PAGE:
About half of women who have been through menopause suffer from vaginal dryness or discomfort, which can interfere with their ability to enjoy sex. The women's health experts at Massachusetts General Hospital have published research showing that safe, effective treatments can make a big difference.
It may come as no surprise to you, but meat and processed grain make up a good portion of many people's diets. And while that steak dinner may hit the spot after a long day, incorporating more vegetables and whole grains into your diet is important for your overall health.
Replacing even just one meal a week with a plant-based meal can have a positive impact and help you focus on your health goals. To start, try these four protective foods:
Beans are a great meat substitute. They provide zinc, iron and protein, and they are an excellent fiber source.
Tip: Use them as a meatless sandwich spread (hummus) or crunchy snack (dried chickpeas).
Try this: Baked Chickpea Nuts from EatingWell
2) Red Peppers
Orange and red vegetables provide vitamin A to support your immune system.
Tip: Stuff peppers with last night’s leftovers (e.g., stir fry) and add roasted red peppers to sandwiches and salads.
Try this: Roasted Red Peppers Stuffed with Kale & Rice from EatingWell
Dark green vegetables contain carotenoids that may support brain health.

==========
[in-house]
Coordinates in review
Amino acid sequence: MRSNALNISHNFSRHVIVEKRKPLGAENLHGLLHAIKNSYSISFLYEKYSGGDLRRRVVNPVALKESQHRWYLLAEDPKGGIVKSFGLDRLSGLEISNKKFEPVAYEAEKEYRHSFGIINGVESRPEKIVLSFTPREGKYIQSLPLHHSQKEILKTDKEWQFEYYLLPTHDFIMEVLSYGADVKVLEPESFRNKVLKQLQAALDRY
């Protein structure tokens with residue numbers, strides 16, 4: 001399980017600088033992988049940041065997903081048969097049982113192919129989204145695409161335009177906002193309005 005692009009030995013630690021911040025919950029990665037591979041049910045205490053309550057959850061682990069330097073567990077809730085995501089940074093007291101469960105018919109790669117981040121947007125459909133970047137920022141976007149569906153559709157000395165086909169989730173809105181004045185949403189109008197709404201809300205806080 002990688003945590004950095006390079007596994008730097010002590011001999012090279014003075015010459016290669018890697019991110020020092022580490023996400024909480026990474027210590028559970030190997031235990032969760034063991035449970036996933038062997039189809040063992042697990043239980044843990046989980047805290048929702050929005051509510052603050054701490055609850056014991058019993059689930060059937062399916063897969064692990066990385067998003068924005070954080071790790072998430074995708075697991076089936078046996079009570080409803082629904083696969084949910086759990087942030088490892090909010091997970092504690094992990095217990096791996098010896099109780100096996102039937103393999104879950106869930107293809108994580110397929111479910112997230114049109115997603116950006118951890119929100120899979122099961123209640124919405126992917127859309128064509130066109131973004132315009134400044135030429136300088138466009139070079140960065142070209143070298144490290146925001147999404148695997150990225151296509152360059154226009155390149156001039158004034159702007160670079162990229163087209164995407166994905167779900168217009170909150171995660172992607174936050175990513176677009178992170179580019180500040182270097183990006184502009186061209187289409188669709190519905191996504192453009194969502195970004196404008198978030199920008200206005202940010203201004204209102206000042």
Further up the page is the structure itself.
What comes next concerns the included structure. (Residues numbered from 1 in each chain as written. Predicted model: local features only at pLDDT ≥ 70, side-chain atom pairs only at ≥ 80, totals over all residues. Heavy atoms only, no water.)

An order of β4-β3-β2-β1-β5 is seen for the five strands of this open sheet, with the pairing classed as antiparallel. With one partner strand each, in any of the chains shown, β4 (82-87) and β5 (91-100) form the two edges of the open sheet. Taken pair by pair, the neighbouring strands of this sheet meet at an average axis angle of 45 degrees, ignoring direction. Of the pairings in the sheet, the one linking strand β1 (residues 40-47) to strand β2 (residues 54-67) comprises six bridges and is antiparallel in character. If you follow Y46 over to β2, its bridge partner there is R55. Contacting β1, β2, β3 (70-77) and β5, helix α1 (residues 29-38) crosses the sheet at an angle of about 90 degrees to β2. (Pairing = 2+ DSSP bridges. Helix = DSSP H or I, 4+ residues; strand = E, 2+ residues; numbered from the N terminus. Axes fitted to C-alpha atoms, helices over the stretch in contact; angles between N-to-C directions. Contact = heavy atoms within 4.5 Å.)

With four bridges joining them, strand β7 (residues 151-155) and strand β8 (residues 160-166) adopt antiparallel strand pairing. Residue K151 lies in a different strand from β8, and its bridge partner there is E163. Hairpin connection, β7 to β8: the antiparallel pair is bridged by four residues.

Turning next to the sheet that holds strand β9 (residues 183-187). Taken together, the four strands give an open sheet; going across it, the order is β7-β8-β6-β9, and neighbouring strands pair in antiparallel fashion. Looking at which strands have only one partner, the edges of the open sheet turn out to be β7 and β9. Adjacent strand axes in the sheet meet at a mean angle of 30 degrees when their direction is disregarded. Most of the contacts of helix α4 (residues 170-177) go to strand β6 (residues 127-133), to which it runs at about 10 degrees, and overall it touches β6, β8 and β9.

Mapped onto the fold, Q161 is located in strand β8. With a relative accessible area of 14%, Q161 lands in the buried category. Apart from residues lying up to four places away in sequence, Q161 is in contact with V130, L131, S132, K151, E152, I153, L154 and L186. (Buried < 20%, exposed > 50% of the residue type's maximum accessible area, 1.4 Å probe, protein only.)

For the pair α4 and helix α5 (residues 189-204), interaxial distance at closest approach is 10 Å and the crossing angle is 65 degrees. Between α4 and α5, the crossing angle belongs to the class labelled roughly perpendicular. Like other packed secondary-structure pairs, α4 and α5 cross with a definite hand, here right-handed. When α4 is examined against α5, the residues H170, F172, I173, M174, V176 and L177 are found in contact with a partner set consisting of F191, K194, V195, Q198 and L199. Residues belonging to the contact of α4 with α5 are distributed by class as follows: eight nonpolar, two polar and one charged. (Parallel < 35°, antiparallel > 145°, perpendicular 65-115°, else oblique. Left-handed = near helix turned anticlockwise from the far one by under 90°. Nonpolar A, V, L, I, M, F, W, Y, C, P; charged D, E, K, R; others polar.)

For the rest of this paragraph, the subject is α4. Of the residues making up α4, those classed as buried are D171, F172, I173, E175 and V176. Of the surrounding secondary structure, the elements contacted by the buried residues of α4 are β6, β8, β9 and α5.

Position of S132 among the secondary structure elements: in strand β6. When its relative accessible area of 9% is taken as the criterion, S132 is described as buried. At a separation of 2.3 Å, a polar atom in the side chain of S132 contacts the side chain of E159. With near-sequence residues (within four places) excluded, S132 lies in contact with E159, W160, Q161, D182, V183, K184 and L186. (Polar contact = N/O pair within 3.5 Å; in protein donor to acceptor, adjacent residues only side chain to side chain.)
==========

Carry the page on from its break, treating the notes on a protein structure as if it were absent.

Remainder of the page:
Tip: Fat enhances these protective compounds, so toss broccoli with oil and roast at 400 degrees for 20 minutes for a quick dinner side.
Try this: Roasted Broccoli with Lemon from EatingWell
Whole grains may reduce your risk of diabetes and heart disease, so instead of pasta or white rice, try quick-cooking bulgur.
Tip: Add 2 cups boiling water per cup of dried bulgur. Let sit for 25 minutes, then fluff with a fork. (Or try whole wheat couscous—it takes even less time.)
Try this: Bulgur with Ginger & Orange from EatingWell
- Nov | 4 | 2019
The Mass General Diabetes Center and AllWays Health Partners are pleased to announce an exciting new program, the PATH TO LIFESTYLE CHANGE.
- Press Release
- Oct | 15 | 2019
A team led by Massachusetts General Hospital researchers report that mindfulness meditation appears to help extinguish fearful associations.
- Oct | 4 | 2019
New nonprofit promotes wellness, giving back
- Patient Education
- Sep | 25 | 2019
Food is only one part of a healthy diet. Learn more about healthy eating from Ines Castro, BA, a pediatric health coach in the Raising Healthy Hearts Program, and Stephanie Harshman, PhD, RD, a registered dietitian and postdoctoral research fellow at MassGeneral Hospital for Children (MGHfC).
- Sep | 6 | 2019
As the school year begins, Stephanie Harshman, PhD, RD, LD, clinical dietitian at MassGeneral Hospital for Children, offers simple back-to-school snack hacks.